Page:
With the controversy still swirling about director Kevin Smith's unceremonious removal from a Southwest Airlines flight Saturday, Smith kept up the pressure after the airline published a blog post Sunday about the incident, defending its 25-year-old Customer of Size policy and hoping to contain the damage.
In the blog post, "Not So Silent Bob," Southwest apologized again for Smith's "travel experience," although it isn't clear what aspects of that experience the airline was issuing the mea culpa for.
In fact, there was so much traffic to Southwest's blog, that it overloaded a blog server. So, Southwest also posted the apology to its media relations website.
Filling in some of the details, Southwest noted that Smith had purchased two seats for an Oakland-Burbank flight, but decided to fly standby on an earlier flight. The airline said only one seat was available for Smith when the standby passengers boarded the earlier flight, and employees "explained why the decision was made, accommodated Mr. Smith on a later flight, and issued him a $100 Southwest travel voucher for his inconvenience."
"Our pilots are responsible for the Safety and comfort of all Customers on the aircraft and therefore, made the determination that Mr. Smith needed more than one seat to complete his flight," Southwest said.
While lots of airlines have similar policies for safety reasons, Southwest said, the airline uniquely refunds the price of the second seat if the flight does not sell out.
"The spirit of this policy is based solely on Customer comfort and Safety," the airline said. "As a Company committed to serving our Customers in Safety and comfort, we feel the definitive boundary between seats is the armrest. If a Customer cannot comfortably lower the armrest and infringes on a portion of another seat, a Customer seated adjacent would be very uncomfortable and a timely exit from the aircraft in the event of an emergency might be compromised if we allow a cramped, restricted seating arrangement."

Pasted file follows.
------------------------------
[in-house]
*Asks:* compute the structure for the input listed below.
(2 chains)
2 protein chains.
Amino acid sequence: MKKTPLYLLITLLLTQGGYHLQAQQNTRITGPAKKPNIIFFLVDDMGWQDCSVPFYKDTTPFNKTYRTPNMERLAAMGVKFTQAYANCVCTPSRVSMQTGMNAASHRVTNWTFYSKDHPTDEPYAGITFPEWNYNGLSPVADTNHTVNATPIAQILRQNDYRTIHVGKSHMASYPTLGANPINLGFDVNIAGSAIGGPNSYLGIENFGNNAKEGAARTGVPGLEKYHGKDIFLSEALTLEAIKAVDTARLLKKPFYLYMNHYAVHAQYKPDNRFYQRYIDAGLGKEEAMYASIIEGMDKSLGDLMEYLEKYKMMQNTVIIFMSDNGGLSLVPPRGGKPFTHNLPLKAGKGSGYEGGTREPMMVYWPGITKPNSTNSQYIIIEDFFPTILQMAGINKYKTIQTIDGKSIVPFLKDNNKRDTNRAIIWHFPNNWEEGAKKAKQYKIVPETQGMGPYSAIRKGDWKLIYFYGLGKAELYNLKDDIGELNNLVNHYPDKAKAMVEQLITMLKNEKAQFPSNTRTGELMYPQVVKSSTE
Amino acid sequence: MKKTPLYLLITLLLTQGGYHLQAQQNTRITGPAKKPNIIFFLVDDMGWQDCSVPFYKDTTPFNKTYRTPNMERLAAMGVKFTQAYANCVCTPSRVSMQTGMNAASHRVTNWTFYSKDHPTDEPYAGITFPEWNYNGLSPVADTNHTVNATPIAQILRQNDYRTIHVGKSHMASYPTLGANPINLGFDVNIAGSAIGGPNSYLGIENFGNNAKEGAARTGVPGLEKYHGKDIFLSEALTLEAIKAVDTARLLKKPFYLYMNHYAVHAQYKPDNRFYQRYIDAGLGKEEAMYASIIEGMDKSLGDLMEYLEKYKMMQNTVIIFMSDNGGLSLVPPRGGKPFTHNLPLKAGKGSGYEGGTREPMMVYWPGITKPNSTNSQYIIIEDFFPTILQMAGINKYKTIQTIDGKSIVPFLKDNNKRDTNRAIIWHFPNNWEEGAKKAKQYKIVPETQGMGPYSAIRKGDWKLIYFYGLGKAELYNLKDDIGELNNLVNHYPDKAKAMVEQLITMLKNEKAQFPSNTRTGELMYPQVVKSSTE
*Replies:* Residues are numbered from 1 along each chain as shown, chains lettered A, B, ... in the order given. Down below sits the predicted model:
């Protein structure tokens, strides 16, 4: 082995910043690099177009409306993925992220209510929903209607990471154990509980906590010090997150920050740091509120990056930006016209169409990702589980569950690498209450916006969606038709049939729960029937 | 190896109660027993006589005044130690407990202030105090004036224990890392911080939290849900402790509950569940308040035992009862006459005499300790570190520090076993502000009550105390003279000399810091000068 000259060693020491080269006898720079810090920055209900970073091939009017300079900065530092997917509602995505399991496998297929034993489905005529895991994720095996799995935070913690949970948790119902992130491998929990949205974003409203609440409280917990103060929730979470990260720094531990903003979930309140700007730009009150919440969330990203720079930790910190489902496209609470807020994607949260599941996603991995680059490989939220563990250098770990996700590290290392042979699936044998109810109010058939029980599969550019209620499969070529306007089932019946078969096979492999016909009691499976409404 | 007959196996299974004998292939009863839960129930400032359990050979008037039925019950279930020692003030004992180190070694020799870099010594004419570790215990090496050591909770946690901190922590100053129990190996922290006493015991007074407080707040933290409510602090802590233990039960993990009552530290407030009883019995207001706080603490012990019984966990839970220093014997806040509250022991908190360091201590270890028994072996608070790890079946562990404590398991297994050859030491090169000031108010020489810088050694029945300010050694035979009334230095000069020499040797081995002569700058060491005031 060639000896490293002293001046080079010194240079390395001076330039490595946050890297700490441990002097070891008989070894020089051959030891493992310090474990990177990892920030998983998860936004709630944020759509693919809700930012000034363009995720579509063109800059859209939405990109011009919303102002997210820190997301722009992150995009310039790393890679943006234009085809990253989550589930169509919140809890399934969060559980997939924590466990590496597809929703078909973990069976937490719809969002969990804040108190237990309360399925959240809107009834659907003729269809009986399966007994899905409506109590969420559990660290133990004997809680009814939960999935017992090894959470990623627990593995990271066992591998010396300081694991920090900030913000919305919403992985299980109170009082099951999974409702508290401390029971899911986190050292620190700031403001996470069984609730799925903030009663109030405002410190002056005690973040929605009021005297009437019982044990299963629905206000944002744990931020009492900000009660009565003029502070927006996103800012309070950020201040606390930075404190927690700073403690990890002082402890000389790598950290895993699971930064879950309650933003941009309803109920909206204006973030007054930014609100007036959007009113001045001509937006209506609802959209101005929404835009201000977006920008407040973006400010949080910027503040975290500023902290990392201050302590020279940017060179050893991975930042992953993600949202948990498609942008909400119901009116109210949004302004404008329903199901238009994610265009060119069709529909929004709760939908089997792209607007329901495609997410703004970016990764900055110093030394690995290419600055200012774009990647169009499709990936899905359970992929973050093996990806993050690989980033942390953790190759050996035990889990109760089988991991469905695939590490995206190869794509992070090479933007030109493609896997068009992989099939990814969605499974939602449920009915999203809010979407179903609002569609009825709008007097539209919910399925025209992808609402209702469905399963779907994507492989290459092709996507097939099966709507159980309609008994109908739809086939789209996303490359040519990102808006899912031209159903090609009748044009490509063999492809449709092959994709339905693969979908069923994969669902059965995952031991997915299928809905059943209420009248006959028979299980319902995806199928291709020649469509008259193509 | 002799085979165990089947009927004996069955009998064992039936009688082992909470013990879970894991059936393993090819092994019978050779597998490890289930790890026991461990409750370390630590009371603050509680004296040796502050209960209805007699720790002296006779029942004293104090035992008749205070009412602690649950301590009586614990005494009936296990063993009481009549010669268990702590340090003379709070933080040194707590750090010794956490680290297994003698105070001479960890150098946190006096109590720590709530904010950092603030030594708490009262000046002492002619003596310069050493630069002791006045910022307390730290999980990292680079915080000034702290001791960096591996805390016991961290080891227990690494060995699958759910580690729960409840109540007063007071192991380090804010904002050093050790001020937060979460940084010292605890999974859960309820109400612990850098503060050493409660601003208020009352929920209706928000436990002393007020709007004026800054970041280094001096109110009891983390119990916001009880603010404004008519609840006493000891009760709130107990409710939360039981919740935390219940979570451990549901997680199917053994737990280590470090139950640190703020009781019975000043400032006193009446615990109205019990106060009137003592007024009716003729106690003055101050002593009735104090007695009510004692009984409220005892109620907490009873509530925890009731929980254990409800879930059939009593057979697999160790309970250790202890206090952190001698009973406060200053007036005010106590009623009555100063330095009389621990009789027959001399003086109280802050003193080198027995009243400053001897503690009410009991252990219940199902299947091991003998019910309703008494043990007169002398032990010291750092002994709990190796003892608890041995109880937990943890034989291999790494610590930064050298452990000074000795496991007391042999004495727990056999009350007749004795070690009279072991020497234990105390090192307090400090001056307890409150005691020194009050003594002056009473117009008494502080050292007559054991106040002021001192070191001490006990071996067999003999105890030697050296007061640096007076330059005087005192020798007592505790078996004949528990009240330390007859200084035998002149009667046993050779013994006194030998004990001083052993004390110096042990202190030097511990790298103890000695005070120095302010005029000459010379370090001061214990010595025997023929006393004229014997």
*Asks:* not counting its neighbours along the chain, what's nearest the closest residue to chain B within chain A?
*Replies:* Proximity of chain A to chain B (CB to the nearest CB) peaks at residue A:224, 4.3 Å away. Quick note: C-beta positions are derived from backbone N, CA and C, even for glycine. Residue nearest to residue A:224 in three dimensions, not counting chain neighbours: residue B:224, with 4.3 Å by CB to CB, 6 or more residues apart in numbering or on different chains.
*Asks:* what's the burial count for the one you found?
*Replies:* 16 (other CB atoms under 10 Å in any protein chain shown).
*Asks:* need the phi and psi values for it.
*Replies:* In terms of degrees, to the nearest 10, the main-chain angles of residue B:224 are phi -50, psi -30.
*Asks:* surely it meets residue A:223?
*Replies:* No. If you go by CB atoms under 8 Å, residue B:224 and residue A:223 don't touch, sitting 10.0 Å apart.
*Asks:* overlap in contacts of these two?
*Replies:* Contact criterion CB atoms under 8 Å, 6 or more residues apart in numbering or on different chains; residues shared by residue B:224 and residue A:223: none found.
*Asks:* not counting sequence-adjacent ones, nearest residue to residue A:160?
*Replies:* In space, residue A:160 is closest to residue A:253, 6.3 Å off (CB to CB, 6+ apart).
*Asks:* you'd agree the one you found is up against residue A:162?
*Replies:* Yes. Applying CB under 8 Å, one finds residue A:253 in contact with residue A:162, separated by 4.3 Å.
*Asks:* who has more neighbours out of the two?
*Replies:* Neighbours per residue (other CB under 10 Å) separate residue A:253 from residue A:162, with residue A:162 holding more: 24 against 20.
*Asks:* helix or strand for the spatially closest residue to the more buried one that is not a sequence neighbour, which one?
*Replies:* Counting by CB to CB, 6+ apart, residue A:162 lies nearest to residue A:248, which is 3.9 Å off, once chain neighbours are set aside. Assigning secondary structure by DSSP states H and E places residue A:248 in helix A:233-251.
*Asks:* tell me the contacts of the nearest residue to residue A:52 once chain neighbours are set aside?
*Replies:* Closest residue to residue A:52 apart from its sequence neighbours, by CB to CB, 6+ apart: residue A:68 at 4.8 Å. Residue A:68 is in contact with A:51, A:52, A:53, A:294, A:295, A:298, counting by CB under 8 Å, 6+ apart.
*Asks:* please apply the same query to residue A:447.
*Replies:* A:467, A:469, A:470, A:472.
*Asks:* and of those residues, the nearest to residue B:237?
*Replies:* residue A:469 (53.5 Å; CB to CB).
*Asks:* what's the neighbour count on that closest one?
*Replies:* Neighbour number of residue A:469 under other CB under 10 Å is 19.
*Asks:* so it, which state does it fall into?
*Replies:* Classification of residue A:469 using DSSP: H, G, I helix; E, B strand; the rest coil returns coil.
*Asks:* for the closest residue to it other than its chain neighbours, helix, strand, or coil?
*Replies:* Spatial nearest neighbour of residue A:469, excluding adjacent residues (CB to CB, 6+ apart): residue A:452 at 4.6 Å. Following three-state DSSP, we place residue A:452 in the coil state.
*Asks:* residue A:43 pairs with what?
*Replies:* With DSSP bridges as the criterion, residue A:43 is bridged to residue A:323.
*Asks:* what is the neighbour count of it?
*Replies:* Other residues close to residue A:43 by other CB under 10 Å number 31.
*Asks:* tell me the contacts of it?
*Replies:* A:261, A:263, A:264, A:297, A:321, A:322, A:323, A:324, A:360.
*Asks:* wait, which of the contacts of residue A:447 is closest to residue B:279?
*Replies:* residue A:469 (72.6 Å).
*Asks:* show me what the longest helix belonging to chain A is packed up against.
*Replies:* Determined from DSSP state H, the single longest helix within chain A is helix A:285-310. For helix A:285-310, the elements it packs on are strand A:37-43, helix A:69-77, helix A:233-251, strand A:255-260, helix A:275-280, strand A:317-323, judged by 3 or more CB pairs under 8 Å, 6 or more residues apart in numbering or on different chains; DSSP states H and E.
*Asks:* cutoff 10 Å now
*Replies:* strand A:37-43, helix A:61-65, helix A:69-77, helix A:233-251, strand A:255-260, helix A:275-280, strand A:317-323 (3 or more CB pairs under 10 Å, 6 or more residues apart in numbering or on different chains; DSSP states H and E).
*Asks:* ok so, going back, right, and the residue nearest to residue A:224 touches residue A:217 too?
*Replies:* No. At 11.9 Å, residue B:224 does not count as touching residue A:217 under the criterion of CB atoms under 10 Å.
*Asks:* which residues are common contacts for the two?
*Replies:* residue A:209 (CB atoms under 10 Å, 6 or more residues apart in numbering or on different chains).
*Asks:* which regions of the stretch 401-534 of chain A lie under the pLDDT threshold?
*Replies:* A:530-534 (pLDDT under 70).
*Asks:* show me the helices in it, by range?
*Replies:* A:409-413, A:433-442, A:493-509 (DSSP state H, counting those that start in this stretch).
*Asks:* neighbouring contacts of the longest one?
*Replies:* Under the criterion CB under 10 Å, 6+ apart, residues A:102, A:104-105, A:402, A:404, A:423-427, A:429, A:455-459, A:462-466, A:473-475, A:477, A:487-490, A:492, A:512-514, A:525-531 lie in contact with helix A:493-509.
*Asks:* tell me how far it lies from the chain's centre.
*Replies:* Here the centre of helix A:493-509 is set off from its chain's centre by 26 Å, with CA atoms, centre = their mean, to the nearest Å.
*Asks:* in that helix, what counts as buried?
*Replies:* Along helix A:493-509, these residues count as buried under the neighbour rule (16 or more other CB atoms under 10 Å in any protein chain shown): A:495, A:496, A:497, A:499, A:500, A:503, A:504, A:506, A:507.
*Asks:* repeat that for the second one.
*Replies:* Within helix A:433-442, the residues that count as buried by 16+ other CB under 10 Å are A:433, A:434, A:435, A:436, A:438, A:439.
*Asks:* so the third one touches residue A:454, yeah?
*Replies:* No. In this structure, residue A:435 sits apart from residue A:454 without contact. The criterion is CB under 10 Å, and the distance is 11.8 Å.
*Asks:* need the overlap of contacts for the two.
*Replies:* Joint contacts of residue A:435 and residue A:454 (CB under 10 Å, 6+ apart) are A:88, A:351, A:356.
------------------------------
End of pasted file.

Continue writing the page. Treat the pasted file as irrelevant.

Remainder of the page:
Meanwhile, Smith, who portrays the fictional character Silent Bob, was not soothed by Southwest's apologies and $100 voucher, and has kept tweeting away about the incident, telling travelers that Southwest "might be coming for you next."
Early Monday, Smith, claiming he fit into the seat and should have been allowed to fly, challenged Southwest to bring the same row of seats to the Daily Show.
He tweeted: "Hey @SouthwestAir: you bring that same row of seats to the DailyShow, and I'll sit in 'em for all to see on TV."
Smith said he'll donate $10,000 to charity if he doesn't fit in one seat and can't buckle the belt.
If he fits, Smith said Southwest should change its policy or or at least re-train your staff to be a lot more human & a lot less corporate..."
He's also issued an "emergency smodcast" with the nuanced title, "Go Fuck Yourself Southwest Airlines," in which Smith chastises Southwest's "corporate" focus of trying to get flights out on time to the detriment of customer service.
The Southwest-Kevin Smith viral stand-off will make for an interesting social-media case study.
Southwest has been out-front and deft in tackling the incident head-on and in a timely manner.
But, sometimes such situations can take on a life of their own on social-media airwaves, whether they have merit or not.
So, how does a brand, which feels it is in the right, push back effectively?
The jury is still out.